Clinical Quiz Answer
CLINICAL QUIZ ANSWER
Renal arteriogram were showed in Figures 1 and 2. Typical "string of beads" appearance of distal portion of left renal artery and right segmental renal arteries with probably involvement of distal right main renal artery is noted. String of beads mean alternating areas of stenoses and aneurysm.
Renal artery stenosis (RAS) involved bilateral main renal arteries and intrarenal arteries. The most likely pathological diagnosis is fibromuscular dysplasia (FMD). Renal artery stenosis due to FMD usually involves the distal two third of the renal artery and its branches. FMD are characterised by focal thickening of the vascular wall and aneurysm formation.1,2 Therefore the string of beads appearance in renal arteriogram is pathognomonic of renal artery stenosis due to FMD. In patients with renovascular hypertension, the plasma rennin level may be normal or low if the hypertension is sustained, termed as "reverse tachyphylaxis".1 FMD is the most common cause of renovascular hypertension under forty years old.
Control of hypertension is usually difficult and requires multiple anti-hypertensive agents. Hypertension resulted from RAS usually responds well to angiotensin-converting enzyme inhibitor but there is a risk of impaired renal failure. Refractory hypertension may respond to percutaneous balloon angioplasty. The immediate success rate after balloon angioplasty is about 95%,3,4 which remained cured or improved in 74% at 12 months of follow up.4 The re-stenosis rate is about 10-25%.3 However angioplasty seems ineffective in children with multiple stenoses.5 A recent new technique of using cutting balloon catheter to dilate resistant renal artery stenosis was reported but its effect on long- term outcome is not available.6 The prognosis of RAS from FMD is relatively better as compared with those from artherosclerosis as the risk of ischaemic nephropathy and excretory dysfunction is low.1,2 However, data on long-term outcome of renal function and impact of sustained hypertension is lacking in children with FMD.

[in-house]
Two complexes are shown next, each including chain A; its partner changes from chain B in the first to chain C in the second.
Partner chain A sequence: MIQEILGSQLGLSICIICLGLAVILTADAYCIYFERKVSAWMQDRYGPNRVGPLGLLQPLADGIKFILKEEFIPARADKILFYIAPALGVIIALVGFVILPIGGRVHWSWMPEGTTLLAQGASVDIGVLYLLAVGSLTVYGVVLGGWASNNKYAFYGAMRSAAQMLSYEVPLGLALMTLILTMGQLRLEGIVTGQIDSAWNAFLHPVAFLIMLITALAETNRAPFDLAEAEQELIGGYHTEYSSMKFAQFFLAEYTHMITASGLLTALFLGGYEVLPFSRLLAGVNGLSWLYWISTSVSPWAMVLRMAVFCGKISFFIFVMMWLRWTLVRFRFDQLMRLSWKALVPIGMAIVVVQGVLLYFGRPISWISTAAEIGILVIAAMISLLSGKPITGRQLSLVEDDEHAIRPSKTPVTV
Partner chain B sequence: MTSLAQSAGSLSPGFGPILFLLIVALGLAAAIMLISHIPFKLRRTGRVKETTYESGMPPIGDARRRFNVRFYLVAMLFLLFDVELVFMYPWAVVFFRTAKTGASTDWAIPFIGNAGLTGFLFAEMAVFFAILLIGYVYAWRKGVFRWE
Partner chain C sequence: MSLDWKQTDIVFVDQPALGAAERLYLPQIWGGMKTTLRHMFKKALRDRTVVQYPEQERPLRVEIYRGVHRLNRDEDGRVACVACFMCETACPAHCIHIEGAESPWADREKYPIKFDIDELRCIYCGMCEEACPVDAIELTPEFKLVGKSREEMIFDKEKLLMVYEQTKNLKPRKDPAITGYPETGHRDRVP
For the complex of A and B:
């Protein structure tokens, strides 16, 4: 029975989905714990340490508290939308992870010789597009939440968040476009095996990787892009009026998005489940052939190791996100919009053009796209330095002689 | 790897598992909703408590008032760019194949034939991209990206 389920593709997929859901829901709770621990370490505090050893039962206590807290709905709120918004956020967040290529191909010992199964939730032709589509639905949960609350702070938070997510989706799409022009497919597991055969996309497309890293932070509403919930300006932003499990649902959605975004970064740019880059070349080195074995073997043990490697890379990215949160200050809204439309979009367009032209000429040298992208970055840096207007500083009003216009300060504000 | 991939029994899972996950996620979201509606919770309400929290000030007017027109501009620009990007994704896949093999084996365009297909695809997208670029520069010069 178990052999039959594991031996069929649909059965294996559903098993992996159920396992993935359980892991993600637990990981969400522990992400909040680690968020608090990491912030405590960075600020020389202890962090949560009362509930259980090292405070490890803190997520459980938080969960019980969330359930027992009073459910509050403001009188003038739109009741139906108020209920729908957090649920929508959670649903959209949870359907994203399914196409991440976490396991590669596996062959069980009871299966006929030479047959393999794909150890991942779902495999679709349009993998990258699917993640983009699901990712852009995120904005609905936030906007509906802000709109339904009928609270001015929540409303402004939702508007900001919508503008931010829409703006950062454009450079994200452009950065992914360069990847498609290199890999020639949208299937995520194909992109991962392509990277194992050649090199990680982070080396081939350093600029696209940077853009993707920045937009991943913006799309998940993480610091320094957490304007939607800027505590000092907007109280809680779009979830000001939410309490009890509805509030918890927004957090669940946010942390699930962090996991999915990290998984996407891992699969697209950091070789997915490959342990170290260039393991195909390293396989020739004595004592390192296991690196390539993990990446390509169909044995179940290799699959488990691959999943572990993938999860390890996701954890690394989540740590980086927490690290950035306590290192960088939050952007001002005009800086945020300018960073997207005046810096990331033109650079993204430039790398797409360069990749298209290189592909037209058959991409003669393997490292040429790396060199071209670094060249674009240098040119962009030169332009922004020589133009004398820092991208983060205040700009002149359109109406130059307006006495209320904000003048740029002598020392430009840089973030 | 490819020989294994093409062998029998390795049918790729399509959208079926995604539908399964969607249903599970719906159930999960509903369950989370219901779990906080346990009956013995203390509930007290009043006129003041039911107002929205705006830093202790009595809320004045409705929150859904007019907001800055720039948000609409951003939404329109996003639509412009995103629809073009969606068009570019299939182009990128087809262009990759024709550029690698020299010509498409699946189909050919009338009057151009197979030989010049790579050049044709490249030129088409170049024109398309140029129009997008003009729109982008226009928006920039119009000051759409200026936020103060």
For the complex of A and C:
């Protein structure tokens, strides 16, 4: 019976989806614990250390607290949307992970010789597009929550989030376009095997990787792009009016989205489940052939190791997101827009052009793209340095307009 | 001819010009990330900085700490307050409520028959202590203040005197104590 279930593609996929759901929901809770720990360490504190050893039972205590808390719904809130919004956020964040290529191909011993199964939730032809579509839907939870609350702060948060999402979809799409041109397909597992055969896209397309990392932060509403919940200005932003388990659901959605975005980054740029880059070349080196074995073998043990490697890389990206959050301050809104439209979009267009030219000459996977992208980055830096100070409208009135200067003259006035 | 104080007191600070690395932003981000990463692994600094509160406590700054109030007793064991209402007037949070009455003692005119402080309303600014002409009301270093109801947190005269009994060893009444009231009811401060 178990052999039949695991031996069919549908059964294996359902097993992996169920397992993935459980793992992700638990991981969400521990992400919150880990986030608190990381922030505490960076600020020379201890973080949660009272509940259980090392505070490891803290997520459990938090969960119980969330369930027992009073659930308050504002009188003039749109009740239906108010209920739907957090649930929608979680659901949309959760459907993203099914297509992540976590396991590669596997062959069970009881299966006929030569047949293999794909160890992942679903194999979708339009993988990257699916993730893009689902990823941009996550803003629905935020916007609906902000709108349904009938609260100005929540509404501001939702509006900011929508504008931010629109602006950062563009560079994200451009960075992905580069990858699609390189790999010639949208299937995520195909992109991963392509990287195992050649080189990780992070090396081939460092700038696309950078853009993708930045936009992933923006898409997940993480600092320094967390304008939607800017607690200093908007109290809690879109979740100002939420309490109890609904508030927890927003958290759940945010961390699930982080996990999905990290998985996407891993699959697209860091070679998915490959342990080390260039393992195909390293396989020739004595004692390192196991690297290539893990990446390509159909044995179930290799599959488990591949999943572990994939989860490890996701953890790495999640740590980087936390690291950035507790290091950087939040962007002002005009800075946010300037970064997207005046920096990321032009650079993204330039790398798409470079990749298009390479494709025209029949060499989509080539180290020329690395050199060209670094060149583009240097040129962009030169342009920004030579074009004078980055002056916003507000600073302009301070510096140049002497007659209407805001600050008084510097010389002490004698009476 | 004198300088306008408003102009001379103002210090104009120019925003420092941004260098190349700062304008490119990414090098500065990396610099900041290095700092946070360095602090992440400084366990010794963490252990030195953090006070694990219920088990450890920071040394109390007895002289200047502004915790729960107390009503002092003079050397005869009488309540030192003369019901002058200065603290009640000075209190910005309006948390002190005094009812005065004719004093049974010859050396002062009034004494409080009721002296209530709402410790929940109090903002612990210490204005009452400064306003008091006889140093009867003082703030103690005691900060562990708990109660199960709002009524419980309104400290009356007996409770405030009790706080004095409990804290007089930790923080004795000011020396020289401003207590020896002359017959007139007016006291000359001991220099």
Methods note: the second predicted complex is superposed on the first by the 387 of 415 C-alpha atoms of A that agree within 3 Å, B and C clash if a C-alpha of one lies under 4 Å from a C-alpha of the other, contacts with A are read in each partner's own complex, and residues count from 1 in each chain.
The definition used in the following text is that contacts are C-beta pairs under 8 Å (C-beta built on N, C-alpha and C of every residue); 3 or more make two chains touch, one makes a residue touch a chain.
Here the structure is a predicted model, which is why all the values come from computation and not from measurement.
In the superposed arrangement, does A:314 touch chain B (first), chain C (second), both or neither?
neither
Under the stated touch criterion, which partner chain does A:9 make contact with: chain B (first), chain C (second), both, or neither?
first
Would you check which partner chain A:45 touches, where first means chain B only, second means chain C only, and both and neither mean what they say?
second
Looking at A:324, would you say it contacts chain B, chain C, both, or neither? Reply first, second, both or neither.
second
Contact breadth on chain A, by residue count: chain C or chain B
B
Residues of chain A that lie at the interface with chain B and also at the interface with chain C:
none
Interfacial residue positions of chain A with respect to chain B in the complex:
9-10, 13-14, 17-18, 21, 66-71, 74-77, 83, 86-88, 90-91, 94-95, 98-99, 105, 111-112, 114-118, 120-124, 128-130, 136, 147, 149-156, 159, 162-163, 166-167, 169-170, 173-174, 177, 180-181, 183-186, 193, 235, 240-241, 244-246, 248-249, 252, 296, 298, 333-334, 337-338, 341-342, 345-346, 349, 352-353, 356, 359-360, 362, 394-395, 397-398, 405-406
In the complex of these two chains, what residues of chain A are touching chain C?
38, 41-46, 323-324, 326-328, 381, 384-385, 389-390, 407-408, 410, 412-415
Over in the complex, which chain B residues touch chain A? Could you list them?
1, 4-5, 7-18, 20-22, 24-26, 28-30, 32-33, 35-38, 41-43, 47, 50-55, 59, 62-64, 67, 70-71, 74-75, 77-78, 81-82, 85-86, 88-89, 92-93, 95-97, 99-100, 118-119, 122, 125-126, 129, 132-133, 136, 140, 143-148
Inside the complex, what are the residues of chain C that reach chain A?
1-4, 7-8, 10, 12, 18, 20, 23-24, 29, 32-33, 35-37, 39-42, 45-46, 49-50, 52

Answer: Congenital Syphilis
Congenital syphilis is transmitted vertically from infected mother to her baby during pregnancy via placental circulation. This unmarried mother was non-reactive to VDRL test in first trimester, and did not aware that she was infected in early third trimester. The diagnosis was confirmed by checking mother and baby blood for VDRL and FTA-ABS titres. (Baby VDRL: 1: 1024, Mother VDRL: 1:64), and FTA-ABS were strongly positive in them.
Infected baby may be asymptomatic after birth and signs then develop afterward. The first antenatal blood test for VDRL is not helpful if pregnant women acquire the infection late in pregnancy and infected women may be asymptomatic.
Other tests for evaluation for probable and confirmed congenital syphilis include:
The recommended treatment is aqueous crystalline penicillin G (100 000 to 150 000 Unit/kg/day given every 8 to 12 hours) for 10-14 days. Treatment should last for 21 days for CNS involvement. Serial evaluation for physical signs and VDRL titres are mandatory for monitoring treatment success.